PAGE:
Tuesday, December 17, 2013

What’s the Matter With Hollywood: Empty Emotion, Consequence-less Sacrifice

All-Too-Common Flaw #12! 

And so, after all this, we arrive at the thing I really hated about Pacific Rim…not that this is the only offender, because the same damn thing happens at the end of Superman Returns, The Dark Knight Rises, The Avengers, Star Trek Into Darkness and many more: The hero has a long, agonizing sequence where he sacrifices his life so everybody else will live...and then it turns out he’s just fine.
In this case, our lunkhead hero forces his co-pilot to eject to safety so that he can die saving everybody. And it works: she gets to safety and he just barely manages to complete his suicide mission at the last second…and then he easily ejects himself to safety as well.

This is the ultimate slap in the face to the audience: they force us to choose between our heroes, feel sad but proud of our hero’s final sacrifice and noble death, only to then say “oh, nevermind”, which just guarantees that we’ll feel nothing on our way home (nothing but annoyed, that is).

Once again, the audience is left to ask “But how could he survive what he and everybody else clearly understood to be a suicide mission? And why would the movie instantly deaden all those emotions it had briefly created?” Then you have to say, “Oh, I guess because of the sequel”...But there are two problems with that:
  • Precisely because the ending squandered its last chance to form an emotional connection with that audience, there’s not going to be good word of mouth and therefore there’s not going to be a sequel.
  • It should have been obvious to everybody on set that Hunnam was the movie’s biggest liability and their best hope for having a decent sequel would have been to kill him off while they had the chance.
But Star Trek Into Darkness was the slimiest example, because they shamelessly lifted Spock’s tearjerking death scene from the original Wrath of Khan...in a way that totally reversed its meaning. In the original, the whole point was that Kirk had to experience his first big irreversible loss, realize that you can’t win them all, and finally grow up...but in the remake, Kirk himself dies, but then everything turns out fine and Kirk presumably learns the opposite message: “Que Pasa, no worries, dude!”
But wait, you say, in the original series Spock did eventually come back! Yes, but that was a different movie, three years later, after the characters and the audience had years of mourning. In the remake, Kirk was dead for all of ten minutes! Feel sad! Now feel happy! The end! When they tell us to feel horrible, and then immediately say “nevermind!”, all those feelings that they’ve summoned up just curdle in our stomachs and turn into contempt.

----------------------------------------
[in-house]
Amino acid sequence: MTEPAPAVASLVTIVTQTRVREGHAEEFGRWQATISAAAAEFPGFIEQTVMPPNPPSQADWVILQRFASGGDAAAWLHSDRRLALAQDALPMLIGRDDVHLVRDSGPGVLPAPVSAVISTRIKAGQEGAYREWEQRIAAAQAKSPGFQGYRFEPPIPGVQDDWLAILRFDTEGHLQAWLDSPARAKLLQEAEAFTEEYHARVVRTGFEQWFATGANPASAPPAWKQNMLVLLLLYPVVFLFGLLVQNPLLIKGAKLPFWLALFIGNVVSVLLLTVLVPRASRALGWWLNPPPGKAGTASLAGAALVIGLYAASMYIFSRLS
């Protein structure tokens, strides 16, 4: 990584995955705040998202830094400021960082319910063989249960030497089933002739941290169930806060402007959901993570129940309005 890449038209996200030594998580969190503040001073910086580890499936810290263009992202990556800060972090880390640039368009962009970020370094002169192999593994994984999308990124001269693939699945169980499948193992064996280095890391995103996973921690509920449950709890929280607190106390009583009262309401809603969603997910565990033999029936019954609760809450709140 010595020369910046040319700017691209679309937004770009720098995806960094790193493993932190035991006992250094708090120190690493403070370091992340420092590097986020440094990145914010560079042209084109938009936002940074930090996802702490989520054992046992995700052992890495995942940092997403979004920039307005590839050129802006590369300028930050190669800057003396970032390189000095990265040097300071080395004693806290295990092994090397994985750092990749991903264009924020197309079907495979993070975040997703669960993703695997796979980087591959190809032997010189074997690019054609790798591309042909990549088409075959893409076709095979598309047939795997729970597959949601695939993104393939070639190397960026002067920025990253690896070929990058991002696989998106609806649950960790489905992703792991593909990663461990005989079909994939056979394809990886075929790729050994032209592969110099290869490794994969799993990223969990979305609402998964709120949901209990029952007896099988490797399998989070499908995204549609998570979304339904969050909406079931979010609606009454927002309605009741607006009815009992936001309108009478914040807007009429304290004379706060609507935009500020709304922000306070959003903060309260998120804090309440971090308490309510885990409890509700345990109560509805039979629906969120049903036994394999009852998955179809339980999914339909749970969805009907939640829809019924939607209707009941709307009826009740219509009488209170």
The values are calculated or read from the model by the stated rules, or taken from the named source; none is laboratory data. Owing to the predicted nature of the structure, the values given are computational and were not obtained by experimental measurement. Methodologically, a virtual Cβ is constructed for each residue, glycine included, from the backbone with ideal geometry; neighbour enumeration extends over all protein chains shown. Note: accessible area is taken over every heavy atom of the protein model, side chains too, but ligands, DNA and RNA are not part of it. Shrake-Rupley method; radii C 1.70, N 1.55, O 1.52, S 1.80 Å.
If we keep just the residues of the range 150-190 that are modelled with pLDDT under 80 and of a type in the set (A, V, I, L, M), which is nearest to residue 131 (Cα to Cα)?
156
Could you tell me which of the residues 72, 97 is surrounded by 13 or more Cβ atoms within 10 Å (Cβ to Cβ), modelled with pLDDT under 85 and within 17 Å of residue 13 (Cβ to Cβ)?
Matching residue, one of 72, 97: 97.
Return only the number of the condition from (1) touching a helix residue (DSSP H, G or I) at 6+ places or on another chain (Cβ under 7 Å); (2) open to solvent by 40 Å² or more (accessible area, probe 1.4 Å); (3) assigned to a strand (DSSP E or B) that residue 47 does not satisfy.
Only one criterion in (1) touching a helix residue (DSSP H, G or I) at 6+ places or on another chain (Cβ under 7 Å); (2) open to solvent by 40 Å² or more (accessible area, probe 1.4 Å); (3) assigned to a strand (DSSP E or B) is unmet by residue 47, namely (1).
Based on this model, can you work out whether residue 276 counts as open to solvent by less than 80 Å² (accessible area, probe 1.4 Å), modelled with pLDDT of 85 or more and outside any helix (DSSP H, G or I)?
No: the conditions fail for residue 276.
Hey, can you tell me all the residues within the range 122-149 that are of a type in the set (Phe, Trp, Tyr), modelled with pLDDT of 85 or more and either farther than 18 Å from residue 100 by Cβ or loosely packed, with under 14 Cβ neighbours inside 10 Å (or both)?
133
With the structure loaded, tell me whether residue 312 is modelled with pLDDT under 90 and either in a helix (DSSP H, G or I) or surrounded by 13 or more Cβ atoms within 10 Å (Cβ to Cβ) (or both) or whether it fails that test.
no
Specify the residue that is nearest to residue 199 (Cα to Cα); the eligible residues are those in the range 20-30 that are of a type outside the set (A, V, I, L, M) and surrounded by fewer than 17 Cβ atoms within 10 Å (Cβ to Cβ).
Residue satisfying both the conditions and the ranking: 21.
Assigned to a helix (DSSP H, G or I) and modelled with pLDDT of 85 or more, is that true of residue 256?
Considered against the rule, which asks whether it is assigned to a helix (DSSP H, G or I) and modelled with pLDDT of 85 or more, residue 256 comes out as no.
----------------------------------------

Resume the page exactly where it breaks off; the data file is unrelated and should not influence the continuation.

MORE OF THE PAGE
This sort of thing poisons our ability to enjoy any movie. The only way to protect yourself against this sort of insulting emotional abuse is to take a “you’ve fooled me too many times” attitude whenever any movie asks you care.

But let’s go back to Star Trek III: The Search for Spock, because that shows the greatest irony here: Presumably, these movies wimp out on killing the hero because the studio insists that their star be around for sequels. But what if Pacific Rim had ended with Hunnam disappearing into the breach, and a blast coming out that seals up the breach, and then all of his colleagues memorializing him as the credits rolled. Would they really have been screwed over if they wanted him back for a sequel?

Couldn’t Pacific Rim 2 begin with his co-pilot getting a twinge of a mind-meld from Hunnam and realizing he’s still alive on the other side of the breach, and he’s warning about a new attack, and they have to go rescue him? That sounds like a pretty interesting movie, right?

Instead, they’ve reset everything back to zero, which is actually a horrible place to leave it. What’s the sequel going to be now? The breach reopens, more monsters come out, and our heroes suit up again to have another fight. Ho-hum. Resetting the status quo at the end of your movie does your movie and your sequel no favors.

But wait, tomorrow we’ll get one final thought, also about this ending…


Harvey Jerkwater said...